Letchworth Garden City - Willian - Broadway - Norton Park
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The rapid industrial growth of the nineteenth century meant that British cities, especially London, were filthy, unpleasant places to live and bursting at the seams.
Ebenezer Howard, visionary and planner, started to envision a type of city which combined the best of both town and country. In his words “There are, in reality, not only two alternatives - town life and country life - but a third alternative, in which all the advantages of the most energetic and active town life, with all the beauty and delight of the country, may be secured in perfect combination.” Out of this belief came the Garden City Movement and its first manifestation, Letchworth Garden City, which was founded in 1905. Its driving architectural principles were: lower density housing than in a city, zoned areas for industry, the separation of pedestrians and motor cars, plenty of green spaces and easy access to the countryside.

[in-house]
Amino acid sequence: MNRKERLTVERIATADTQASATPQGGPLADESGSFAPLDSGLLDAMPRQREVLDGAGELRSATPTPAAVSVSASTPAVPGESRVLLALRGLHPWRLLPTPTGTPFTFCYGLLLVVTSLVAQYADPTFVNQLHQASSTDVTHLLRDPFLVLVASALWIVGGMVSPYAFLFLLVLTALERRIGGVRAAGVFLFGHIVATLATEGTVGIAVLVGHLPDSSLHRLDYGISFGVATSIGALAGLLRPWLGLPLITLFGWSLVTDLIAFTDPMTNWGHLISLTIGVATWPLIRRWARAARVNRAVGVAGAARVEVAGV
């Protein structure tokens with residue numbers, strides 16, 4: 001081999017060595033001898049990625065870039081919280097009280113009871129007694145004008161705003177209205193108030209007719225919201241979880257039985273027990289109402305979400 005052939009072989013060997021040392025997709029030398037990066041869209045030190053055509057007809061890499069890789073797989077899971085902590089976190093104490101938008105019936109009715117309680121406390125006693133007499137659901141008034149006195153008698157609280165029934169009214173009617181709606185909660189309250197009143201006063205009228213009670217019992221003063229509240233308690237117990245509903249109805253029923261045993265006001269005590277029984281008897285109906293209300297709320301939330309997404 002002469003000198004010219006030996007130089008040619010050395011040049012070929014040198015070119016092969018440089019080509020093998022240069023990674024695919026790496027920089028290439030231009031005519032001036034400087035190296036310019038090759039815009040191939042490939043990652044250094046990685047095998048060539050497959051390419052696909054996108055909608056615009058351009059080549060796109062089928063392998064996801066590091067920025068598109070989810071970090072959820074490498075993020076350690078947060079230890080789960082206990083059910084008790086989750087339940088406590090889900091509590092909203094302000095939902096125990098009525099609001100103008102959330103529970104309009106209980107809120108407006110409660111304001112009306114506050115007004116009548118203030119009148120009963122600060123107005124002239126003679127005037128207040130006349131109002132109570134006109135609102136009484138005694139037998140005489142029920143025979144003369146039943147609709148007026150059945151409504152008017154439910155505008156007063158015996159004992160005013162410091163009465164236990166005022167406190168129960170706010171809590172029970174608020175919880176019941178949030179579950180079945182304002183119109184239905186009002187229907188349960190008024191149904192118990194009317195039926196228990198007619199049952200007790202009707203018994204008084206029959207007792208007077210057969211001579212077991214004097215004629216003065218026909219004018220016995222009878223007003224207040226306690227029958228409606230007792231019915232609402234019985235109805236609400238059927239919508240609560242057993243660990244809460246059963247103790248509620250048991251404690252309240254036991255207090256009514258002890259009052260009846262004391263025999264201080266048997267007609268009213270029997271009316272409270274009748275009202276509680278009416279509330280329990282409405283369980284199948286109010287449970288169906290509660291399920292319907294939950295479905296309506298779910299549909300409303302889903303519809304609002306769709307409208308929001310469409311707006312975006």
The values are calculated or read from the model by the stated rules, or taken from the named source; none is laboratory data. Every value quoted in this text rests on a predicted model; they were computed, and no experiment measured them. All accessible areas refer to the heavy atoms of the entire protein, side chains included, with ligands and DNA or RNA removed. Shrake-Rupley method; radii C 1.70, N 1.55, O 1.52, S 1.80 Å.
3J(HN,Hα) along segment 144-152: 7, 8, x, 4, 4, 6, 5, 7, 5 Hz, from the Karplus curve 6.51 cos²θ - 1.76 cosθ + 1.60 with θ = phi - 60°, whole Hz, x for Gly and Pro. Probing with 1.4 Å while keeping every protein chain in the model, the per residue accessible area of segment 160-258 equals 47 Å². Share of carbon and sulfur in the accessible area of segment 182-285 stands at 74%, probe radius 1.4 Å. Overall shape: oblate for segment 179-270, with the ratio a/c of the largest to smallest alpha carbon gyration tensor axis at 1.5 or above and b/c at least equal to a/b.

Letchworth was followed in 1920 by Welwyn Garden City and then the New Towns of the post-war years, which were all substantially influenced by the Garden City Movement.
This walk is of immense interest if you want to begin to understand the rationale behind the urban and especially suburban layouts in out twentieth century towns. There are lots of interesting pieces of architecture, especially residential; and the walk will make you reflect on just what it is that makes urban space work. Plus you will see what claims to be the UK’s first roundabout, constructed in 1909.
England - Central England - Hertfordshire - Town or city
Cafe, Church, Food Shop, Gift Shop, Good for Wheelchairs, Mostly Flat, Museum, Play Area, Pub, Public Transport, Restaurant, Tea Shop, Toilets
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